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Gastrointestinal Reflux Disease, commonly known as Acid Reflux or GERD is a disorder of the digestive system, specifically affecting the oesophagus and the stomach. The lining of the food pipe or oesophagus gets disrupted due to stomach acid, travelling backwards into the mouth. This can leave a bitter taste in the mouth, and can also cause heartburn, difficulty in swallowing, or shortness of breath.
GERD can be mild, moderate or severe, depending on its frequency of acid reflux. Usually, patients can manage its symptoms but in some cases, emergency treatment or surgery may be advised by the doctor. GERD in adults can be life-threatening and may turn into cancer if not treated at the right time.
Symptoms of GERD
The acid indigestion due to GERD may cause the following symptoms.
- Sour or bitter taste in the mouth
- Heartburn and pain in the chest
- Difficulty in swallowing
- Bad breath
- A lump like sensation in the throat
- Respiratory difficulties
- Tooth decay
- Wearing of enamel (topmost layer of teeth)
In case one has acid reflux in the night, they may experience a disruption in their sleep pattern, laryngitis and chronic coughing. If one has asthma, it may worsen with time.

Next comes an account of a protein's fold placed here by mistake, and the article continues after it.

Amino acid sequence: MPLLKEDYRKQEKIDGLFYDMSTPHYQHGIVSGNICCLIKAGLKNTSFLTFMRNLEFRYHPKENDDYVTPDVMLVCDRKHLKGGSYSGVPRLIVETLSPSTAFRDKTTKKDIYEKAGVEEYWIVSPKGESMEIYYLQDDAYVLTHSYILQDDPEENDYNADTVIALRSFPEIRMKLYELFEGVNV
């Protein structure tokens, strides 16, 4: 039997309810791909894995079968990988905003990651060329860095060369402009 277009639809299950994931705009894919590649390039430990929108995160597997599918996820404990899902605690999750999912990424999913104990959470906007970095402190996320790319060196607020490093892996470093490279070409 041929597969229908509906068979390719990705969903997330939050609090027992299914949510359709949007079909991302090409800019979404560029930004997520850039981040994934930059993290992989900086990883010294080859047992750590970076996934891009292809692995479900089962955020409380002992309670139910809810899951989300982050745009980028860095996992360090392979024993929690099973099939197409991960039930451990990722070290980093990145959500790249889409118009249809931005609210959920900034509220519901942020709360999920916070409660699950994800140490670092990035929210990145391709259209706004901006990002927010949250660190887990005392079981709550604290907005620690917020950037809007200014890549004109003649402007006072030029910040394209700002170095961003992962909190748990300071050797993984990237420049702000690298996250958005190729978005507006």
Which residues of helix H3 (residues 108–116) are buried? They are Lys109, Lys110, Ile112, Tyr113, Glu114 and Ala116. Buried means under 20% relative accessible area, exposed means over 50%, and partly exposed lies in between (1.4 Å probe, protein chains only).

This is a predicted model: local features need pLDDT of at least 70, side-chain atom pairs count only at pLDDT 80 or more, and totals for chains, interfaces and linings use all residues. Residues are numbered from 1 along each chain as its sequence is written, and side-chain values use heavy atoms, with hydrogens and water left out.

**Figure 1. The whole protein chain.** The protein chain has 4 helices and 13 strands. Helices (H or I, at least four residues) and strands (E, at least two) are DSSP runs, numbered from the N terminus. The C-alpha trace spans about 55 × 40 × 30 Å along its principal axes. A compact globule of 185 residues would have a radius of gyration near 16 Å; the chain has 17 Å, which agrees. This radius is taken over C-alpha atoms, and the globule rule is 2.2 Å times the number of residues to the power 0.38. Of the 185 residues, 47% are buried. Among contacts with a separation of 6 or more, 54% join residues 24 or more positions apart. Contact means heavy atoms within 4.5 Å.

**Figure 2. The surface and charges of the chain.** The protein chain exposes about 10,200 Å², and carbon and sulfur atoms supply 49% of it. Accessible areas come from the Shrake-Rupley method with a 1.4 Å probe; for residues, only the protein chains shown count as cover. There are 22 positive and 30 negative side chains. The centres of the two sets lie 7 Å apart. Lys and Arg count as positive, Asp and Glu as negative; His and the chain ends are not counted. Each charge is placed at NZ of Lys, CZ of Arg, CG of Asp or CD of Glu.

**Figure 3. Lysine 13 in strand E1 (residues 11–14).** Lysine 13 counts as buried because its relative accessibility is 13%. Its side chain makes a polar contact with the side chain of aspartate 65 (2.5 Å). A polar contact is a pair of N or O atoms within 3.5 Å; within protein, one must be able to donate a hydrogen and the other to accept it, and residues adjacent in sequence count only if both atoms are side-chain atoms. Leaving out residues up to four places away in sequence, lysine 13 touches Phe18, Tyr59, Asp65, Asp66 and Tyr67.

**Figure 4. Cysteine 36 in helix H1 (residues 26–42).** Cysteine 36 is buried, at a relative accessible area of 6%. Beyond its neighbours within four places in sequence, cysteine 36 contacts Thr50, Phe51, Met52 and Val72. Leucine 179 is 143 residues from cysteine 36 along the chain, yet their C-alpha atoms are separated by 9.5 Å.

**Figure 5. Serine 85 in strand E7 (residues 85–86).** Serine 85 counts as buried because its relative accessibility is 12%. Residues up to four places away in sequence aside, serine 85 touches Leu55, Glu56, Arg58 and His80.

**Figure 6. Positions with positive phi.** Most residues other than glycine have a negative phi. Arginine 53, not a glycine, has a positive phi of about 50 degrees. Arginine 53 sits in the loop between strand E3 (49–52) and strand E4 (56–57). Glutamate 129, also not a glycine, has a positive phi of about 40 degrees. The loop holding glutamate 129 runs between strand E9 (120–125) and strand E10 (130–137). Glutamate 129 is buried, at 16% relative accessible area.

Risk Factors for GERD
When we talk about risk factors, internal, as well as external factors play a major role in the occurrence of GERD and its severity. These risk factors include
- Hiatal hernia, which involves the bulging of the upper part of the stomach, into the diaphragm.
- Scleroderma, lupus or other connective tissue diseases
Many a time, dietary habits and lifestyle choices can also increase the risk of having acid reflux. These may include heavy smoking, excessive stress, eating food that contains a lot of oil and fat, high consumption of alcohol, high consumption of coffee, certain medications like aspirin, and consuming large meals at dinner time or right before sleeping.
Special note on Infants with GERD
Spitting out food and subsequently, vomiting can be commonly seen with infants between the age of 3 months to 1.5 years. What is important to notice is its frequency. Many times, GERD in infants goes unnoticed. Some symptoms new parents should keep in mind while noticing the infant’s eating habits include
- Choking or gagging
- Refusing to eat
- Hiccups or wet burping
- Weight loss
- Frequent coughing
- Irritable nature of the infant while feeding or post feeding
- Slow growth
- Difficulty in sleeping
- Medical condition like a tongue-tie
If parents notice any such symptoms, they should immediately consult with an infants doctor about immediate care. Online healthcare portals like credihealth.com can help parents connect with the right doctor, and also assist with doctor appointment bookings, ordering medicines, and other homecare services.
Diagnosis of GERD
A gastroenterologist is usually consulted for the diagnosis and treatment plan for acid reflux. The doctor takes a detailed medical history, which also includes taking into consideration all the signs and symptoms. Post that, the doctor recommends the following tests